Colorectal Cancer

Posted September 15, 2022 by Anusha ‐ 3 min read

Cancer that begins in the colon is called colon cancer, while cancer in the rectum is known as rectal cancer. Cancers that affect either of these organs may be called colorectal cancer. Though not true in all cases, the majority of colorectal cancers generally develop over time from adenomatous (precancerous) polyps.


  • In general, colon cancer begins when healthy cells in the colon develop changes (mutations) in their DNA.

  • A cell’s DNA contains a set of instructions that tell a cell what to do.

  • Healthy cells grow and divide in an orderly way to keep your body functioning normally.

  • But when a cell’s DNA is damaged and becomes cancerous, cells continue to divide even when new cells aren’t needed.

  • As the cells accumulate, they form a tumor.

  • With time, the cancer cells can grow to invade and destroy normal tissue nearby.

  • And cancerous cells can travel to other parts of the body to form deposits there (metastasis).


  • Change in bowel habits - Constipation, diarrhea, narrowing of stools, incomplete evacuation, and bowel incontinence although usually symptoms of other, less serious problems can also be symptoms of colorectal cancer.

  • Blood on or in the stool - By far the most noticeable of all the signs, blood on or in the stool can be associated with colorectal cancer. However, it does not necessarily indicate cancer, since numerous other problems can cause bleeding in the digestive tract, including hemorrhoids, anal tears (fissures), ulcerative colitis, and Crohn’s disease, to name only a few.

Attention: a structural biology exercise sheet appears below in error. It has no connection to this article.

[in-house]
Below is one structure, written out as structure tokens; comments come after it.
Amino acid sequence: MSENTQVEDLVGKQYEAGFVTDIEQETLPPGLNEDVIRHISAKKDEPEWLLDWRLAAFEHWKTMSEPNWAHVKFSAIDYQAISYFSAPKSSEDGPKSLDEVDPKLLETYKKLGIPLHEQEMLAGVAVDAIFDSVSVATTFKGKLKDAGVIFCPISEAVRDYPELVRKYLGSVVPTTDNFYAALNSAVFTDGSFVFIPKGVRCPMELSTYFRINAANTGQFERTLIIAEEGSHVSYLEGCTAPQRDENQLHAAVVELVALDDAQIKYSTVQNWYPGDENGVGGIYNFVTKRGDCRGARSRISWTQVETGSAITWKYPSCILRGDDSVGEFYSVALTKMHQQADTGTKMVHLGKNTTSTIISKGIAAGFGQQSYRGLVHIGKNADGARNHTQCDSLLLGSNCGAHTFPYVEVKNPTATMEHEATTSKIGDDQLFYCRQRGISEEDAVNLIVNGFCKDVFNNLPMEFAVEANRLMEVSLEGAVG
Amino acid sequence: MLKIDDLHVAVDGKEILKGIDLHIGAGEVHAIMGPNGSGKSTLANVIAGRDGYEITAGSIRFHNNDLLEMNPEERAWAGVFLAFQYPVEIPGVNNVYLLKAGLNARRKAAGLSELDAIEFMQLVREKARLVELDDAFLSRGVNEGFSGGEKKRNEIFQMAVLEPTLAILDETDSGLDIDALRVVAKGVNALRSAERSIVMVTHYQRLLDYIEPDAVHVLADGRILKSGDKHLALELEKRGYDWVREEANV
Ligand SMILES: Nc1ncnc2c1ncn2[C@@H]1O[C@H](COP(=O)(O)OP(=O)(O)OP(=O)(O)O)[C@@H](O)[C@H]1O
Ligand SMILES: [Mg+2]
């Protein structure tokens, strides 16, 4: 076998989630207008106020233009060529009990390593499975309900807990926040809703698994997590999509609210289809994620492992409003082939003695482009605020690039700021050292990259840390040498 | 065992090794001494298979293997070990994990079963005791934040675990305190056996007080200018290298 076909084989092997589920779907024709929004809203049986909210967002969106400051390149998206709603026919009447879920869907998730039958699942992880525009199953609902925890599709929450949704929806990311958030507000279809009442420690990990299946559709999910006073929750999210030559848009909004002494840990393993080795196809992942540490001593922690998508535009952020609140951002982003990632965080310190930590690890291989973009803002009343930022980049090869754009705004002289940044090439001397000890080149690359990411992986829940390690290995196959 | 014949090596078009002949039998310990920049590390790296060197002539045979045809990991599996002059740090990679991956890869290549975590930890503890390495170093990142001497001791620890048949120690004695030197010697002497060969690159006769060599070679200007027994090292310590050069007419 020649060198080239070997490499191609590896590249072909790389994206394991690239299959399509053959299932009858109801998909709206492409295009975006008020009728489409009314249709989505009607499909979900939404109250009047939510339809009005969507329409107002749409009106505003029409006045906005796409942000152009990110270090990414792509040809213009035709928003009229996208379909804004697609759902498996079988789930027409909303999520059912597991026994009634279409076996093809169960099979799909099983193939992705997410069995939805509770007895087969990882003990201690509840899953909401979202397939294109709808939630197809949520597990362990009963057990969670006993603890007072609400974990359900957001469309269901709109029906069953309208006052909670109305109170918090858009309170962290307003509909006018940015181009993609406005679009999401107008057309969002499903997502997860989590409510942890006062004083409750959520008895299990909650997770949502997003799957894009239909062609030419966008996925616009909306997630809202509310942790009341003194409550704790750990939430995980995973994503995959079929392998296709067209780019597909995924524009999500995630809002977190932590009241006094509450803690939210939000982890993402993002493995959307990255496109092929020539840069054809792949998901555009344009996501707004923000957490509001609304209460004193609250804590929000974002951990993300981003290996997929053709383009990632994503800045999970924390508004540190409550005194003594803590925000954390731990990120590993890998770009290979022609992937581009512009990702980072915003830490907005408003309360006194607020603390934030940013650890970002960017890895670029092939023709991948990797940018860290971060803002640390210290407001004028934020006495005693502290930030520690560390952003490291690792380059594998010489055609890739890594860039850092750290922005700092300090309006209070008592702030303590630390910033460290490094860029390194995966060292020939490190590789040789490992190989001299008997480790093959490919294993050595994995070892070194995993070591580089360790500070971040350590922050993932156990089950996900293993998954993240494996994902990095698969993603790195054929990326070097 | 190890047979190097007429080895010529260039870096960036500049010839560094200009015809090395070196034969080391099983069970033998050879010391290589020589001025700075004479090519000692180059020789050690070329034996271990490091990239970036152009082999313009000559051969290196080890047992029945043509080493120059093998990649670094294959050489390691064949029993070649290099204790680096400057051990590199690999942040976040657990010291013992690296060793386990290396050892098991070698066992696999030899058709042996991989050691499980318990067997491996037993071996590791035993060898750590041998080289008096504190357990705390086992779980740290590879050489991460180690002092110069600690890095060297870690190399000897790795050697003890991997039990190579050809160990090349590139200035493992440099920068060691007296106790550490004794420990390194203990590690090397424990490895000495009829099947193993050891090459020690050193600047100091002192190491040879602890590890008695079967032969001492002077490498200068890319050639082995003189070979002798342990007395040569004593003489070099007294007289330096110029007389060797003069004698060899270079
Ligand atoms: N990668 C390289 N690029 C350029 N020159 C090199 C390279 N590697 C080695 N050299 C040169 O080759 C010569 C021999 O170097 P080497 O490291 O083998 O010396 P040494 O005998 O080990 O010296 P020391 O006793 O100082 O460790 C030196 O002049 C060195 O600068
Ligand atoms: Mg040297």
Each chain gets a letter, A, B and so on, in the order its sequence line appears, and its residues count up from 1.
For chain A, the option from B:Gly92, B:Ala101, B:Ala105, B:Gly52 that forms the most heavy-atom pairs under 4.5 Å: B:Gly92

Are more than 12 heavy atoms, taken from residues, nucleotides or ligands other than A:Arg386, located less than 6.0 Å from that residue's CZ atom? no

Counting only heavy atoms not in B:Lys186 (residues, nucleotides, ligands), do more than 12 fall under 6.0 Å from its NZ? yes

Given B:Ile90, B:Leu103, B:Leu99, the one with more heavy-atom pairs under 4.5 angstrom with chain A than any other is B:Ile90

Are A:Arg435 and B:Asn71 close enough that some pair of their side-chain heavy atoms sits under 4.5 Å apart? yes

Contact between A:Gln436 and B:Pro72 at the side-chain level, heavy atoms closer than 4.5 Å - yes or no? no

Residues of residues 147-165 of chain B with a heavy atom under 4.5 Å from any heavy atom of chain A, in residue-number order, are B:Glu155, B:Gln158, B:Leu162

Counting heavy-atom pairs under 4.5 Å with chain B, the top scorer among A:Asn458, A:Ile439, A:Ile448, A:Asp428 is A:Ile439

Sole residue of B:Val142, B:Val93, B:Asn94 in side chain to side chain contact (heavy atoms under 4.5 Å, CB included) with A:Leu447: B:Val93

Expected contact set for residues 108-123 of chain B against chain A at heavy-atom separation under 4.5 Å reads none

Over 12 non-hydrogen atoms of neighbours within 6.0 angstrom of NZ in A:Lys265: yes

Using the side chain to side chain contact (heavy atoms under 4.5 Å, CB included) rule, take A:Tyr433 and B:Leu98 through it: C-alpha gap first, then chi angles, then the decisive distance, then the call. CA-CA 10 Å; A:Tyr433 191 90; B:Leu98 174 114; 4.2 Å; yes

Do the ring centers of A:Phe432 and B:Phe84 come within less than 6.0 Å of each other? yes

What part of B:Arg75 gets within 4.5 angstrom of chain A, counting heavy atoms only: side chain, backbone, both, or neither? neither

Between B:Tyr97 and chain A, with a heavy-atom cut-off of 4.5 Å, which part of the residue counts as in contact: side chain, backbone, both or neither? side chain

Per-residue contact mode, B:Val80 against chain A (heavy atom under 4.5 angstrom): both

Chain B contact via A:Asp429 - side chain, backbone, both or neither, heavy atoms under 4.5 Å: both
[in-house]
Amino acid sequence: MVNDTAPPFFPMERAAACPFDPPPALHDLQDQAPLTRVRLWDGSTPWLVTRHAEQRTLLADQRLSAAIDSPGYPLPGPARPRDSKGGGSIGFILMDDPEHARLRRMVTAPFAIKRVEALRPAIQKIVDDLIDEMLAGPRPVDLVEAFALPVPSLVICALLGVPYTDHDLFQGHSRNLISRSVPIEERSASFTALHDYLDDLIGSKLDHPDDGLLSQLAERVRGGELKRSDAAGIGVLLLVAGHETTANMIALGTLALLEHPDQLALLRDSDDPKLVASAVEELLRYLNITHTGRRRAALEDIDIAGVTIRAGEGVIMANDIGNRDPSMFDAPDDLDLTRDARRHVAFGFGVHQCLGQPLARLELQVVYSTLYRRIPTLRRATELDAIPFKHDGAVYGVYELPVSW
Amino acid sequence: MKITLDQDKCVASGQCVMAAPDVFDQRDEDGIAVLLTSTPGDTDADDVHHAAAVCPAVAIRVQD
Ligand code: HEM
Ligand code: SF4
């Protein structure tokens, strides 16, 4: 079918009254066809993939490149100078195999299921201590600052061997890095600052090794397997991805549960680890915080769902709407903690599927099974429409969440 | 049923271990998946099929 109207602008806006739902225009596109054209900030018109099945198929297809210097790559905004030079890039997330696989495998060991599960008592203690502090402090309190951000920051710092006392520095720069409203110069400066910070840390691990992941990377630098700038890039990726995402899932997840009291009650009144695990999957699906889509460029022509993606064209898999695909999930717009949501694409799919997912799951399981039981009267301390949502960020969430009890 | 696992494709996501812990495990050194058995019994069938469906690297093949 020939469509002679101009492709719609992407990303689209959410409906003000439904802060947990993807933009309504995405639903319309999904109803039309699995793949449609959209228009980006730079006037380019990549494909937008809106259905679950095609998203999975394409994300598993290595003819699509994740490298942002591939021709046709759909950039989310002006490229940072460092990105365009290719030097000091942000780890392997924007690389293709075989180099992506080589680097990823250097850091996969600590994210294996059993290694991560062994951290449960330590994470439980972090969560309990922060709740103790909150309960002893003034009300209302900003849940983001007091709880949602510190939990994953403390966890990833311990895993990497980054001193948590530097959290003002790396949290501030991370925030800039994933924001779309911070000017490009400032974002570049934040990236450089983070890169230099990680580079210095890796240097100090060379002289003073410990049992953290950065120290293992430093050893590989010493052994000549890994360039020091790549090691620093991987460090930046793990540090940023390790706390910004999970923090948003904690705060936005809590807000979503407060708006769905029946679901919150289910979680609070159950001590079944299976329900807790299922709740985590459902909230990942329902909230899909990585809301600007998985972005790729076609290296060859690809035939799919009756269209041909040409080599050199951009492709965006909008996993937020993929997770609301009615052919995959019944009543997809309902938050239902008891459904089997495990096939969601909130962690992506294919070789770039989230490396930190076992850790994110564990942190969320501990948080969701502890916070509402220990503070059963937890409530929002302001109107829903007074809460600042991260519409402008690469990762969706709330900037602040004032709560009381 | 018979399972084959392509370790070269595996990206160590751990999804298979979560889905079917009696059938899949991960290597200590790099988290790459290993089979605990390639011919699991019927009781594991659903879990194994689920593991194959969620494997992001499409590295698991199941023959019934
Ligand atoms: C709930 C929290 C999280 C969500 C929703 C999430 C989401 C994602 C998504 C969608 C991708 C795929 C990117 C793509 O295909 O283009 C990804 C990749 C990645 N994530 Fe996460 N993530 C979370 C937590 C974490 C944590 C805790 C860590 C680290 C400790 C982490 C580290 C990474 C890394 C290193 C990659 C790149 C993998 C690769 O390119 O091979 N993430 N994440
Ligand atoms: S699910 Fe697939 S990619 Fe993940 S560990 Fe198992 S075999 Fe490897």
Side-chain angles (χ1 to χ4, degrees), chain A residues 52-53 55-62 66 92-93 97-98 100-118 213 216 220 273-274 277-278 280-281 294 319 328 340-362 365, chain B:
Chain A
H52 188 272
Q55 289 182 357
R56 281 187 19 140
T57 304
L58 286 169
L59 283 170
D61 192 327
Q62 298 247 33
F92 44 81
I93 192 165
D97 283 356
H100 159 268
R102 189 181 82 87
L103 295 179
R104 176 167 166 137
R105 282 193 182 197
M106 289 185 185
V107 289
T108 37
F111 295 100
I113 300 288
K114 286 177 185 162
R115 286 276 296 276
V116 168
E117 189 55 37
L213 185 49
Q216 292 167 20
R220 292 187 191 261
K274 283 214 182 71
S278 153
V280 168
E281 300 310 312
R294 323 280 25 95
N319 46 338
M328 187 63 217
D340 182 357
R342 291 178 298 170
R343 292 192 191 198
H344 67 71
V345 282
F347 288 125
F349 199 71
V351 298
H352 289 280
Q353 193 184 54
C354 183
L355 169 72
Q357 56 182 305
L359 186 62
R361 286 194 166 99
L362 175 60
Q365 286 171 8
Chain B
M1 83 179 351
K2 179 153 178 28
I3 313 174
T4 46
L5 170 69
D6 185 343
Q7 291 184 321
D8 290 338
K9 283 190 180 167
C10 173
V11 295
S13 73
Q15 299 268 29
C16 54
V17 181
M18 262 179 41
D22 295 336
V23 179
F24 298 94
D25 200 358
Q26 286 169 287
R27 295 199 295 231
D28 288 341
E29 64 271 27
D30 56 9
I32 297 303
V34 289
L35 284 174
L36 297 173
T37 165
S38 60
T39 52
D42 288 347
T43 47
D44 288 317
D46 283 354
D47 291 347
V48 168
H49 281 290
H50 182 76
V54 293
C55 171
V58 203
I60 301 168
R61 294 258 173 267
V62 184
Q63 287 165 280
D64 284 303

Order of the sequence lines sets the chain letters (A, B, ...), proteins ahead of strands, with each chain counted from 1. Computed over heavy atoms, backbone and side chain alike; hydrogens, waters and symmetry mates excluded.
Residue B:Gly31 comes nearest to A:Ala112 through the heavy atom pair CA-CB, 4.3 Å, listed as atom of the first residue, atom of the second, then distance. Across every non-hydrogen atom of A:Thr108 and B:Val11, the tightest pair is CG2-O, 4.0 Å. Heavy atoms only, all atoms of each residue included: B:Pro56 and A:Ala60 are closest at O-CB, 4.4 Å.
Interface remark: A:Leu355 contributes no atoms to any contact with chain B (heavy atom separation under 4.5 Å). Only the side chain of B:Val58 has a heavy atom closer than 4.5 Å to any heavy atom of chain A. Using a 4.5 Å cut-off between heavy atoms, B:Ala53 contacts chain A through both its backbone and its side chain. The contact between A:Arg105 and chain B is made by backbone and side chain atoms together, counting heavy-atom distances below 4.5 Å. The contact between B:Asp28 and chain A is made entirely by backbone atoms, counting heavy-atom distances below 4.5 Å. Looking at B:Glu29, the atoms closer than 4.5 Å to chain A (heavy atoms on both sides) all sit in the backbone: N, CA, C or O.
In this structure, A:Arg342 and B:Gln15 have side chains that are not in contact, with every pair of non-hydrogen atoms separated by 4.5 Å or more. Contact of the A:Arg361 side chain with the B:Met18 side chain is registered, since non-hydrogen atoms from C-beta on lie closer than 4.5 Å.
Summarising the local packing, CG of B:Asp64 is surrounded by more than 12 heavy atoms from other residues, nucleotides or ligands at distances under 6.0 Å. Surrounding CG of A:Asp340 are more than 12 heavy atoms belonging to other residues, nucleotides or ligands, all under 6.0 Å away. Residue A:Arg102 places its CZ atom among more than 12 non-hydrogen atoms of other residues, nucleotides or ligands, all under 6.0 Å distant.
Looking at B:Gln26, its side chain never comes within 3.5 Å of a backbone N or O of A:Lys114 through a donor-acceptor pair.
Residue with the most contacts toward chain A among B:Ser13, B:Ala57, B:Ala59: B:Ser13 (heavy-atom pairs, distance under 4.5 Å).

• Unexplained anemia - Anemia is a shortage of red blood cells the cells that carry oxygen throughout the body. If you are anemic, you may experience shortness of breath. You may also feel tired and sluggish, so much so that rest does not make you feel better.

  • Abdominal or pelvic pain or bloating

  • Unexplained weight loss

  • Vomiting


  • Blood tests (Complete blood count, tumor markers and liver enzymes)

  • Imaging tests (X-rays, CT scan, MRI scan, PET scan, ultrasound, angiography)

  • Biopsy

  • Diagnostic colonoscopy (done after you show symptoms, not as a routine screening test)

  • Proctoscopy



  • Surgery is the primary treatment for colorectal cancer that is limited to the colon.

  • It aims to remove cancerous tissue, including tumors and affected lymph nodes, and prevent the cancer from spreading.

  • The surgeon usually reconnects the bowel after removing cancerous areas, but they may need to create a stoma for drainage into a colostomy bag.

  • Surgery may remove all traces of early stage cancer.

  • In the later stages, surgery cannot stop the cancer from spreading, but removing a blockage can help ease any symptoms.

  • Surgery for colon cancer may be open, involving a large incision.

  • It may instead be laparoscopic, a less invasive type of surgery that requires tiny incisions.

  • The surgeon typically uses robotic devices during the surgery.

Local excision

This involves removing early cancerous tissues. During the procedure, a surgeon removes polyps and some colon tissue.


  • A colectomy involves removing some or all of the colon.

  • If the surgery is partial, the surgeon reattaches the remaining segments.

  • Other names for this approach are a hemicolectomy, a partial colectomy, or a segmental resection.

  • A total colectomy involves removing the whole colon.

  • This is less Source, and a surgeon may only recommend it if there are many polyps, for example.

diseases disorders colorectal-cancer cancers

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